Few things remind us more effectively of our lack of control than air travel. I was faced with this reality three times in as many weeks, but it was only when fear entered the equation that I lost perspective...
At the end of June I headed to Chicago to connect with family. I boarded the plane eager to commence the weekend's scheduled activities, but as minutes on the runway turned into hours, it became clear our carefully crafted plans were for naught. As passengers grumbled, our captain kept us apprised of our status, but it seemed there was nothing he could do to change the circumstances. So we sat. And waited. During that time I could hear the admonishment of my mother: Don't let your blessings be a curse, and I did my best to reframe the circumstances. By the time the plane landed I was able to let go of my expectations and enjoy the balance of the weekend.
One week later, as my husband and I left for an Independence Day weekend getaway, we suffered the same fate. This time the plane took off without issue, but shortly thereafter we were placed in a holding pattern because of weather conditions at our destination. After an hour of circling, we were advised that if the situation did not clear in the next 10 minutes the pilot would have no choice but to reverse course and return us to our airport of origination - from which we would be unlikely to leave because of holiday weekend travel demand. So we sat. And waited. As the plane circled I did my best to stay positive, reassuring myself that irrespective of where we spent the next few days, we would enjoy our time together.
In both scenarios I was ultimately able to let go of expectations and surrender to my lack of control. But when confronted by a similar situation the following week, the stakes felt significantly higher.
After spending several days with my parents in the Midwest, my daughter was en route back to D.C. with her grandmother. This trip marked the longest we had been separated from the babe in her three and a half years of life, and my husband and I were eager to have her home.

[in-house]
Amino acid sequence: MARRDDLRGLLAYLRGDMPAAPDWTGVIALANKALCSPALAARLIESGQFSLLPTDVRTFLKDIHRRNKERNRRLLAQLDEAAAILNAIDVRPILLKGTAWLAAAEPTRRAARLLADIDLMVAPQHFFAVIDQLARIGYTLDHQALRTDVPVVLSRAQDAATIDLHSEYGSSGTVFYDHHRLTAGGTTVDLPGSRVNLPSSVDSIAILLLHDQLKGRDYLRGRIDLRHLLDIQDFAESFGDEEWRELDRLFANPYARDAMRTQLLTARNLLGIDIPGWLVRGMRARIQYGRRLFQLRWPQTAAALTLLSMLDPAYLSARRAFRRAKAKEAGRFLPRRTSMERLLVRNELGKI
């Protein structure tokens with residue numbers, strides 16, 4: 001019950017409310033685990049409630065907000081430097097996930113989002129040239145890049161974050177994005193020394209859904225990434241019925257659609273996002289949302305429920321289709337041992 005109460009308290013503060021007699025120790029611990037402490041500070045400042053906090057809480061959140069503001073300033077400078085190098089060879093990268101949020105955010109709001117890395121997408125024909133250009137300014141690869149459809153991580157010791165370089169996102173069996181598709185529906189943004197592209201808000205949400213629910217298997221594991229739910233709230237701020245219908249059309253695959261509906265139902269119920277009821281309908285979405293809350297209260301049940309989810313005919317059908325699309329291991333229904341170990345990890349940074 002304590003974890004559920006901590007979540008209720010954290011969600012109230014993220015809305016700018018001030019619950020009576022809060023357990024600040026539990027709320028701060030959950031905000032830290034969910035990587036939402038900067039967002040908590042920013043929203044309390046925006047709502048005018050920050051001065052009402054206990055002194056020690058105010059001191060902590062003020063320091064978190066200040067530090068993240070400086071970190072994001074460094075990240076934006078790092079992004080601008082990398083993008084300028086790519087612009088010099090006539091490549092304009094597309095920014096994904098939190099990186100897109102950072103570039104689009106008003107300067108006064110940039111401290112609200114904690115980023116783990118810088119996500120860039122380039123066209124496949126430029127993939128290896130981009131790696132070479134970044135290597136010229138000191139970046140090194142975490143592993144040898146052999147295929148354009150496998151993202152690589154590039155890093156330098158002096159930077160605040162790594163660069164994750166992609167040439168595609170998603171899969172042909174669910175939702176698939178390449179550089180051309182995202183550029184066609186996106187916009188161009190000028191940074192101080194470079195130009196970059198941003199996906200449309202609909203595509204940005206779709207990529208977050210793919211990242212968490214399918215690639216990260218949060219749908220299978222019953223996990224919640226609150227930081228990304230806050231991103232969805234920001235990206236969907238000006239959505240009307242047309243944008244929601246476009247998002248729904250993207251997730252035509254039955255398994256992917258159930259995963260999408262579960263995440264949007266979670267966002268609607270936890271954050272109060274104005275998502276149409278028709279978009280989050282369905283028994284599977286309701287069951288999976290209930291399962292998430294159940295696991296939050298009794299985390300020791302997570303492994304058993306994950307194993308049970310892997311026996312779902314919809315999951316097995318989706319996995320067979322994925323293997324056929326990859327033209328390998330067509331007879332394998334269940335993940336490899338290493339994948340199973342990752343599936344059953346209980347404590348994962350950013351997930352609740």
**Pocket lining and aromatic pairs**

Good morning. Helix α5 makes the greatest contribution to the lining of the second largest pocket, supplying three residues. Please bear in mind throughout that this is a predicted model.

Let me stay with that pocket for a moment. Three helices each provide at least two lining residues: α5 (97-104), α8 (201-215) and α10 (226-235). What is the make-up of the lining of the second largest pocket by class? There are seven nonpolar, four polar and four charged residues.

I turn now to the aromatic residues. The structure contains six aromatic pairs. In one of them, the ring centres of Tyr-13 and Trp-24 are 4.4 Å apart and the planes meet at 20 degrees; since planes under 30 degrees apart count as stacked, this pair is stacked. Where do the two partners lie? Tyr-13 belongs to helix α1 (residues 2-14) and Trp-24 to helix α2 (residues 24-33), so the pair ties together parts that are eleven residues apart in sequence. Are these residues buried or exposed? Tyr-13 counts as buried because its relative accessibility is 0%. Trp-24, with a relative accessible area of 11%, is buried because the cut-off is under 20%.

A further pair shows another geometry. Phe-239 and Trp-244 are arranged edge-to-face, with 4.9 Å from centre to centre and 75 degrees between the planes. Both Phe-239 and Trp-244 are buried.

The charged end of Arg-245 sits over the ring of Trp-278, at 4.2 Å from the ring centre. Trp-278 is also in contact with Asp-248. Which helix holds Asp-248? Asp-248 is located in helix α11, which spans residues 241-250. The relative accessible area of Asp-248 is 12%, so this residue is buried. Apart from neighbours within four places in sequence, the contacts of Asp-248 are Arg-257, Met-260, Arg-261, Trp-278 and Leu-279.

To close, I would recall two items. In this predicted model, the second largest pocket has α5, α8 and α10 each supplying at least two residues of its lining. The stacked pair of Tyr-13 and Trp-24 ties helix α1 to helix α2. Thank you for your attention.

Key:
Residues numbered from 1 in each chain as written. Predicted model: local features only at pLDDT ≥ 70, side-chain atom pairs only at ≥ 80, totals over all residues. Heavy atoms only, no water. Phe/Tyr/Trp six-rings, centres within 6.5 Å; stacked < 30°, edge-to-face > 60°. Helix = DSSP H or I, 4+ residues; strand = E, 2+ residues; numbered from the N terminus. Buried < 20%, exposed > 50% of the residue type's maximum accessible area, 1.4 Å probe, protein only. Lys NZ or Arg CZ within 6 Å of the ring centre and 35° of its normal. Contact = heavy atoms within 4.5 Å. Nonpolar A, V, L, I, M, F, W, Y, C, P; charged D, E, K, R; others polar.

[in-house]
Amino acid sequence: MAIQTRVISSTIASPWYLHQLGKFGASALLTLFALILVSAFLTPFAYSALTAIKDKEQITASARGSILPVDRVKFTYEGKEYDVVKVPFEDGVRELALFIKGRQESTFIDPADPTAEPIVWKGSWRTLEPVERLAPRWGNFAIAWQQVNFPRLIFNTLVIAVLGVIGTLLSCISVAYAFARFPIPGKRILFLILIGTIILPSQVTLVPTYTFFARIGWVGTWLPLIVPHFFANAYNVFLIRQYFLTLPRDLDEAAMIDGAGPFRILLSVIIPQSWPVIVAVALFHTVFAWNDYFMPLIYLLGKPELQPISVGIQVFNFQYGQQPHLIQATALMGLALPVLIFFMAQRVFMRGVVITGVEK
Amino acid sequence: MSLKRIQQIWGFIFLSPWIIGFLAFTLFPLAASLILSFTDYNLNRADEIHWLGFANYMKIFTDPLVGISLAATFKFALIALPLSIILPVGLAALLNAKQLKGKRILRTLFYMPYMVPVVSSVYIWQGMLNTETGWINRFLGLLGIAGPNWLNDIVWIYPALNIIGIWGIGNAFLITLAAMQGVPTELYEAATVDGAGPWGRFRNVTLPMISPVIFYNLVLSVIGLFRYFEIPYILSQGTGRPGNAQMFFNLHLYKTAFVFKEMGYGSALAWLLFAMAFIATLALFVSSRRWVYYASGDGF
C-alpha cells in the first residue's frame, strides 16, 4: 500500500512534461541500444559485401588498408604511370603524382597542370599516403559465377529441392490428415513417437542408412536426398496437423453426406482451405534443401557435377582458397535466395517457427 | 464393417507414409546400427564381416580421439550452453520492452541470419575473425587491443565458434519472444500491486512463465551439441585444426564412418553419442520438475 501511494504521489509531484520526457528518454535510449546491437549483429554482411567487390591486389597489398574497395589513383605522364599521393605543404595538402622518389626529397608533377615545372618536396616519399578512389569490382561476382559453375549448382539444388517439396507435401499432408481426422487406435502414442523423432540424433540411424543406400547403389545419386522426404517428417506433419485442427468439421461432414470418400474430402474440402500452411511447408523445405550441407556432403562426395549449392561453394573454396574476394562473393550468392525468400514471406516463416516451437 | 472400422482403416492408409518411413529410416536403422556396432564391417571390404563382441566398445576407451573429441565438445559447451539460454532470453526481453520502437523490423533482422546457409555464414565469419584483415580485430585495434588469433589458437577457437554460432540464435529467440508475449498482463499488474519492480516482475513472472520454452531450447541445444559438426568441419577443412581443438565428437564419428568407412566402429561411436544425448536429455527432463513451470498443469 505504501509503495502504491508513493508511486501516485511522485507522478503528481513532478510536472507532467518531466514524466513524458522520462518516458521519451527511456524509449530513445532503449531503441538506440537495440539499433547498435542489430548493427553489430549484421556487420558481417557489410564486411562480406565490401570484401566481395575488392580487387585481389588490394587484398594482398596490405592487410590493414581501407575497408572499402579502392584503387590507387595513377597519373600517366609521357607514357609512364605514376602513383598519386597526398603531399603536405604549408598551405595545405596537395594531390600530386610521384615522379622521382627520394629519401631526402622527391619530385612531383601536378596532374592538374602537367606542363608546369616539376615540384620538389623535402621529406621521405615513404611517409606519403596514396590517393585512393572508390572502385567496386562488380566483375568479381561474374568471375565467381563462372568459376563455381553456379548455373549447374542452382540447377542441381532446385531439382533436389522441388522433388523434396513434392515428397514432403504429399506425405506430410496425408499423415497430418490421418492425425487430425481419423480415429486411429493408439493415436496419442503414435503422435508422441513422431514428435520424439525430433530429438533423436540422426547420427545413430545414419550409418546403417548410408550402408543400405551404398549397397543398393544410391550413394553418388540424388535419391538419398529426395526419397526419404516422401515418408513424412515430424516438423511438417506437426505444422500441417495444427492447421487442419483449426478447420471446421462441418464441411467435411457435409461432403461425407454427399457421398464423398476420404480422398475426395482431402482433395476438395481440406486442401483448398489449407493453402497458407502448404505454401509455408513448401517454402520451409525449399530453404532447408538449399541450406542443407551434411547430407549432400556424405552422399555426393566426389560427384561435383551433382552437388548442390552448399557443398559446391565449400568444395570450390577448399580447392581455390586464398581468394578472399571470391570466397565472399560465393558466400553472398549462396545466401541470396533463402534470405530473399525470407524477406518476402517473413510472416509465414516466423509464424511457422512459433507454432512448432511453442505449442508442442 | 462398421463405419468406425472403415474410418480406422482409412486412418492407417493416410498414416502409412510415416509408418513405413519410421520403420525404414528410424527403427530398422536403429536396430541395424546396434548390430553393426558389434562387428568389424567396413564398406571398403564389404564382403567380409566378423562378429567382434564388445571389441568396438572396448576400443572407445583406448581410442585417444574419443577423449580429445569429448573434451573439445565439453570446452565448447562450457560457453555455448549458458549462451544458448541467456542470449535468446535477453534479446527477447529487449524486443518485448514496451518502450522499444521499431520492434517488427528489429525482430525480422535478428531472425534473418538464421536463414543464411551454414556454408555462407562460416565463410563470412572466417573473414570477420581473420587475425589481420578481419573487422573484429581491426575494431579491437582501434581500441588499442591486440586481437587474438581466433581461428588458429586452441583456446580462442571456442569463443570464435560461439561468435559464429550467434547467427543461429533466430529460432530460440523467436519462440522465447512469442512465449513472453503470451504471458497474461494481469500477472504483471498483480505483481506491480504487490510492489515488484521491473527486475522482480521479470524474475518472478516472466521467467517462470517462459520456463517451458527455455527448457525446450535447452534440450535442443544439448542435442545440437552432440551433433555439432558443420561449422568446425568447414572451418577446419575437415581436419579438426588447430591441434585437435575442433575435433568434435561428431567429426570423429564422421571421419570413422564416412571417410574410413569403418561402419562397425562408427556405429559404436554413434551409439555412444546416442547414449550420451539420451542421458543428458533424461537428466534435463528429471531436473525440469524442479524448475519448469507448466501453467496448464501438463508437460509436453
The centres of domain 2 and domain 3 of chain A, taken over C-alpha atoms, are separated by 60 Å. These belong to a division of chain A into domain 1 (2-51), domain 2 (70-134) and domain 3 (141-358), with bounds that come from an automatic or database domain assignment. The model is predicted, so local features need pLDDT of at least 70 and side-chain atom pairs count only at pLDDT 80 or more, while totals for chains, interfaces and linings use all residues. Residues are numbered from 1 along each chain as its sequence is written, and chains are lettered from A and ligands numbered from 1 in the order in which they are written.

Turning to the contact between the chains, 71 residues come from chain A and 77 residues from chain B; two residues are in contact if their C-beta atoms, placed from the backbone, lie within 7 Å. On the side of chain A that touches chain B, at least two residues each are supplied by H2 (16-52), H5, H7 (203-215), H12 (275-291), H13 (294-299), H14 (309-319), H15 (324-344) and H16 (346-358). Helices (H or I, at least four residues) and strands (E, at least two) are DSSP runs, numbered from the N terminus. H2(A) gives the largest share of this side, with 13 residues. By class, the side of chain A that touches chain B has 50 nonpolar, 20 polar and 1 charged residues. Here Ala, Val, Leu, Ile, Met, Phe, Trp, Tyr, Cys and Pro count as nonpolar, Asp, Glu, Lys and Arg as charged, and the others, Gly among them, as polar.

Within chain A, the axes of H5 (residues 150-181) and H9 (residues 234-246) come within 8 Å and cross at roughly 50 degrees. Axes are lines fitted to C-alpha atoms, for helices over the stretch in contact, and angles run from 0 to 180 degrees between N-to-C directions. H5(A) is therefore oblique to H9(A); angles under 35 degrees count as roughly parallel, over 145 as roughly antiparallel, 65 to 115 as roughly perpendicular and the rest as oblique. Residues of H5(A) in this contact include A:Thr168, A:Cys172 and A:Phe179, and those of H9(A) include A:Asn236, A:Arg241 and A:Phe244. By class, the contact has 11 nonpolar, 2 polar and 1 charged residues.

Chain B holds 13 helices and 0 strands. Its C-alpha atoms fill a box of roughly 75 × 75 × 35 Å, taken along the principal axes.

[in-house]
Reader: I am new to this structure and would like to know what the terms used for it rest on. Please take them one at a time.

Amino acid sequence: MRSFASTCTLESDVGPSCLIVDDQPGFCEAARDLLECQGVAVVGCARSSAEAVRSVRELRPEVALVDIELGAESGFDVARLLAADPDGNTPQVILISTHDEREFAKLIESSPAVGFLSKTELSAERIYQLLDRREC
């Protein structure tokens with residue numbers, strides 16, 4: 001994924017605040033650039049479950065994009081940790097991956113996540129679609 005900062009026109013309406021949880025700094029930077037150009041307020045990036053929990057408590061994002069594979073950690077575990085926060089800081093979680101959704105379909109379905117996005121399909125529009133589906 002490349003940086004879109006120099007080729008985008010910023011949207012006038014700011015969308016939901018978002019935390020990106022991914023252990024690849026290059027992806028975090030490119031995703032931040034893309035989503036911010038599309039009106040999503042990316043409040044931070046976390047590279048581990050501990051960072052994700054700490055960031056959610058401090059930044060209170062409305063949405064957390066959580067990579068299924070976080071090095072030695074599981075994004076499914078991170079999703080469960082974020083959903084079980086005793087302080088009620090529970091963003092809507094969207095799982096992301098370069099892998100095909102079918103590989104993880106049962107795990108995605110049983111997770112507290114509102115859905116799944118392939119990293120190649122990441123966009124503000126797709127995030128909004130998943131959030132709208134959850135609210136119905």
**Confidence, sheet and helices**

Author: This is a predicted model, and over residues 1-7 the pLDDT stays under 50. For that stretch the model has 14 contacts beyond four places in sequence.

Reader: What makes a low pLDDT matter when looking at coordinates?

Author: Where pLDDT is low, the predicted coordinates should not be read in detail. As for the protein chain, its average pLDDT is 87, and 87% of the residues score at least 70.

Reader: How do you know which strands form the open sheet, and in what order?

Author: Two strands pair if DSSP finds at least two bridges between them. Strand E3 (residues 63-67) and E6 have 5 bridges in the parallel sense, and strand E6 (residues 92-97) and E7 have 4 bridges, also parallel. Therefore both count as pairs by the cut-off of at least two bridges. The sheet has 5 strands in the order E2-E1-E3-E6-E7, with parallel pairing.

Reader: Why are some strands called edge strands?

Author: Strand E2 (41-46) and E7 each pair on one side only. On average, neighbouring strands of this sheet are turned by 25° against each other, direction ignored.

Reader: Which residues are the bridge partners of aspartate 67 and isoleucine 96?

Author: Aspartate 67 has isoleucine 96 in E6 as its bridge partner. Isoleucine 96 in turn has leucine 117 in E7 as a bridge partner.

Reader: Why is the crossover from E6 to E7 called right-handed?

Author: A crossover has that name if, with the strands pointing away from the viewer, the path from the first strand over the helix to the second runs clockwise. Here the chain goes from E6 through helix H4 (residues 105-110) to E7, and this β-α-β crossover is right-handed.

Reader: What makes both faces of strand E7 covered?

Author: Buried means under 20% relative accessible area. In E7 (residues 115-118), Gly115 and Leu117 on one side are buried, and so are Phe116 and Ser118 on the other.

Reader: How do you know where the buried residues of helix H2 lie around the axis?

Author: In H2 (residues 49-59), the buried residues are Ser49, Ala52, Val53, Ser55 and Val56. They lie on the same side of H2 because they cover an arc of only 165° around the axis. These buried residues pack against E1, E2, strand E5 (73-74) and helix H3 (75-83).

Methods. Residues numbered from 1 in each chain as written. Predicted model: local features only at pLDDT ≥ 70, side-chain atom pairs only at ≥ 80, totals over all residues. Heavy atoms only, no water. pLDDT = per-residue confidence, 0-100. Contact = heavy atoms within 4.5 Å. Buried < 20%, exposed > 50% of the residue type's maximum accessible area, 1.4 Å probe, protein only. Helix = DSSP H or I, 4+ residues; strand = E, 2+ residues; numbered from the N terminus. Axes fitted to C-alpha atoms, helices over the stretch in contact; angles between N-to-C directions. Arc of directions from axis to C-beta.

I drove to the airport, parked, and walked inside to greet them upon arrival. The monitor indicated the flight was delayed by 10 minutes, so I took a seat in the waiting area. When the allotted time had passed, I checked the flight status online: Aircraft Diverted to Pittsburgh.
Pittsburgh??! I felt my adrenaline kick in. This was not part of the plan. I NEED TO SEE MY BABY! NOW! I spoke with an airline attendant who confirmed the course change and said they had no additional information to offer.
Even in the moment I recognized my fear was irrational. My daughter was traveling with an experienced mother, grandmother, and entrepreneuer who would use her ingenuity and resources to get the babe home safely as quickly as humanly possible. But I felt helpless. So I sat. And waited. But this time I also stewed: Why did I think this was a good idea? I should have been the one to make this trip with my daughter. What if they get stuck in Pittsburgh? What if they have to spend the night? What a debacle!
Fortunately, my more level-headed husband and mother avoided the pit of despair about what we couldn't change and instead focused on what they could do. In less than an hour, they secured a car service to deliver the babe and her Grandmama safely to our door before the clock struck midnight.
Most of the frustrations we encounter are relatively minor and easily resolved. Occasionally we have to jump through a few extra hoops to reach our desired end, but we gain nothing by allowing our minds to be clouded by futile fretting.
When confronted by challenging situations, we benefit from pausing to consider whether we have the power to influence our circumstances. If so, we can - and should - take action. At other times we may be unable to effect change, but that doesn't mean we are powerless. We always have the ability to set aside irrational fear, assess our options, and proceed with clarity.
Next time you are confronted by your lack of control, I encourage you to set aside fear and move forward with your eyes wide open. Allow yourself to see things clearly.